During the 1960s, Gaines earned a master's degree in administration and counseling at Bridgewater State College, which made him a job offer when he completed his studies.

For the next 28 years, he served as assistant to the president in charge of minority programs and affirmative action at the college.

"When I started at Bridgewater in 1968, there were only two Blacks in the college," Gaines told The Daily News in an earlier interview.

Today, the college has a diversified student body and the program he started at Bridgewater, called Progress, was copied statewide.

"Paul was just extraordinary," David Wilson, a former top administrator at Bridgewater, said on Friday. "He was a giant in the history of the university — admired and respected by generations of students, alumni, faculty and staff.

Upon his retirement in 1996, Adrian Tinsley, president of the university, said of Gaines: "As the first Black administrator at this college you were, first of all, a trailblazer who committed himself tirelessly to the goal of providing a Bridgewater education to every student who had the qualifications and the desire to earn a degree no matter what their race, color, ethnic origin, economic status or age."

His accomplishments at the college reveal "an extraordinary record," Tinsley said at the time, according to comments sent by Wilson on Friday.

"Your legacy at Bridgewater is that you have left the college profoundly different in its attitude and environment than when you came here in 1968," Tinsley said.

The Afro-American Alumni Society established the Paul L. Gaines Scholarship to benefit deserving Rhode Island and Massachusetts minority students majoring in education or counseling at Bridgewater State College.

"He was always a hard worker," said Jo Eva Gaines. "One of the highlights of his achievements, something he was very proud of, was his work in creating the Black Regiment memorial. It was a passion of his."

"The biggest reason for this memorial is that families will be able to bring their kids here to show them that these men were fighting for liberty when they did not have liberty themselves," Gaines told The Daily News. "It's significant that this was the only black regiment to fight in the Revolutionary War."

He spent 10 years on the project that created a 36-foot-long, 10-foot-high black granite memorial to the First Rhode Island Regiment, better known as the Black Regiment, which was inaugurated in 2006. The memorial is in Patriots Park, at the intersection of routes 24 and 114 in Portsmouth.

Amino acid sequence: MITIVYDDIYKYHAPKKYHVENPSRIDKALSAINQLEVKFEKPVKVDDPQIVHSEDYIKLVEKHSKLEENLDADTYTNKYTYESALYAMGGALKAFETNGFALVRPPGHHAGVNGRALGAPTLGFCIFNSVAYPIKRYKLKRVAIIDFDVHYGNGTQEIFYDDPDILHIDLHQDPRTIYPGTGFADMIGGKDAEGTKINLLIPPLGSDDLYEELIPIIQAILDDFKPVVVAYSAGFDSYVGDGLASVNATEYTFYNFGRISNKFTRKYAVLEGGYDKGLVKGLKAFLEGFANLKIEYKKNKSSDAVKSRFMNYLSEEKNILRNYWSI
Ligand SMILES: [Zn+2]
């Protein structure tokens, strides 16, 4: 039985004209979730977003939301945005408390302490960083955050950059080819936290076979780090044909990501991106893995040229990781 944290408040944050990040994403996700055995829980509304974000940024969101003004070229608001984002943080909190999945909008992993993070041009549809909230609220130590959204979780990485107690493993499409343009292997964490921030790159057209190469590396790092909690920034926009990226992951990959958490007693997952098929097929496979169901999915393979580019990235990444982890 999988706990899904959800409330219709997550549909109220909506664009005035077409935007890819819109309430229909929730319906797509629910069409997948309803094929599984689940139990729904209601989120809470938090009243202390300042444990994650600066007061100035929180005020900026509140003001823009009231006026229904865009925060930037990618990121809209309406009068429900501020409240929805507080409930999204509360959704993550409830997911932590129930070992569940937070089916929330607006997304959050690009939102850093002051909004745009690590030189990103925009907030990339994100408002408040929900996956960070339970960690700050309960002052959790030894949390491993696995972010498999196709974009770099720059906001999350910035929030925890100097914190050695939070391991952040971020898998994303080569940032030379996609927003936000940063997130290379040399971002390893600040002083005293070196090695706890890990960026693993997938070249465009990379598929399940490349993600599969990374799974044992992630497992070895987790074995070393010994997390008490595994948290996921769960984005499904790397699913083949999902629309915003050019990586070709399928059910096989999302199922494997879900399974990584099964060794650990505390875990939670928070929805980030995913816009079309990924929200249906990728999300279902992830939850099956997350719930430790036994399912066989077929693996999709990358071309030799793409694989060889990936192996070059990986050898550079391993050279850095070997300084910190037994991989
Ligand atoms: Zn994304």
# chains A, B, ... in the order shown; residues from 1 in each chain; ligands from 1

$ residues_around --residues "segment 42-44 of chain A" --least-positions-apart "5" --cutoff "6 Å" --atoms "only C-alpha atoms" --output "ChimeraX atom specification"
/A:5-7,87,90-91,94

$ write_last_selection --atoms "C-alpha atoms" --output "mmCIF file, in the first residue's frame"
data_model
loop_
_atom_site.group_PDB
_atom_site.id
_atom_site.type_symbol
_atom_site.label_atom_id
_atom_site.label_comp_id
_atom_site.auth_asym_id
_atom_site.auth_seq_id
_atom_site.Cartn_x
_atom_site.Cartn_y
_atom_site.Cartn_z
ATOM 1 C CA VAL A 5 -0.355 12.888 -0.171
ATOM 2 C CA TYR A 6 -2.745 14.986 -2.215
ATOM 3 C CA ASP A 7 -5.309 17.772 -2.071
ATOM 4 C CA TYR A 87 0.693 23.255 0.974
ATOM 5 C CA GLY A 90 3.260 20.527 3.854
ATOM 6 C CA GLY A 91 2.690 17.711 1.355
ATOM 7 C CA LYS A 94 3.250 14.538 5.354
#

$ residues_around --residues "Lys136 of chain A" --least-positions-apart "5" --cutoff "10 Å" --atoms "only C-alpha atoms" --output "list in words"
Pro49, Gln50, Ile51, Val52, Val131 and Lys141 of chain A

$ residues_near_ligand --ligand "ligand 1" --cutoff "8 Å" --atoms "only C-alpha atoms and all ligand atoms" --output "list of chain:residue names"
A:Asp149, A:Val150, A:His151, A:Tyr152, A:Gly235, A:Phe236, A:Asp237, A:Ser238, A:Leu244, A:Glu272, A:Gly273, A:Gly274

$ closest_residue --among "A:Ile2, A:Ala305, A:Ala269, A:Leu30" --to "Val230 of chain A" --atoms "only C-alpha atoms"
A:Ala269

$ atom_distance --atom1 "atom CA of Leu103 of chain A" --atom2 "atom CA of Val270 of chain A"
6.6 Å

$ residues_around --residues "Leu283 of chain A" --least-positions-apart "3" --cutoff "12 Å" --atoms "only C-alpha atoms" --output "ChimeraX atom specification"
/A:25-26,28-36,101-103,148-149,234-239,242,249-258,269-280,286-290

The saga began in 1996, when Gaines learned there was federal funding available through the state for highway enhancement projects. He was selected by the NAACP and other groups in the island community to lead the Patriots Park Enhancement Committee, but the committee became to a great degree a one-man show.

Gaines was chosen to coordinate the creation of the memorial, working with designer Derek Bradford, because of his past work in the community, and the contacts he had formed over the years. There had been earlier memorials at the site, beginning with just a natural stone.

Neighbors of Gaines in his youth, Alva and Victoria Burton, who he called "Uncle Bolly" and "Aunt Vic," began holding ceremonies at the site in Portsmouth, where the regiment had made a famous stand against attacking British soldiers and Hessians. Alva Burton was a former president the Newport County NAACP, of which Gaines was a Life Member.

"I got involved in this new project because of my respect for Uncle Bolly and Aunt Vic," Gaines said the time. "This memorial was the dream of those people in the 1960s. It started when they put that first rock down."

Gaines continued the legacy of those who went before him in many ways, and others will continue to follow the paths opened up by Gaines, Triplett said.

"He is a legend," he said.

Gaines' record of public service includes election to the Rhode Island Constitutional Convention in 1985, a three-year term on the Advisory Council of the U.S. Commission on Civil Rights; the Rhode Island Ethics Commission, of which he was a charter member; and the Newport Canvassing Authority, serving as chairman from 1997to 2006.

In addition, he sat on the Board of Trustees of St. Michael's Country Day School, the Newport Historical Society and the Newport Public Schools Equity in Education Committee. He also served on the Newport Public Library Board of Trustees; President's Advisory Board, U.S Naval War College in Newport; Co-Chair Advisory Board Community College of Rhode Island-Newport Campus; Newport Sports Advisory Commission; Newport Hospitality Commission and Newport Hospital Corporation.

Gaines was inducted into the Newport Sports Hall of Fame in 2002 and the Rogers High School Athletic Hall of Fame in 2009.

In 2005, he delivered the keynote address at the 58th Annual Reading of the George Washington Letter to the Congregation of Touro Synagogue. In 2006 he received the Living the Dream Award of the Martin Luther King Jr. State Holiday Commission.

sflynn@newportri.com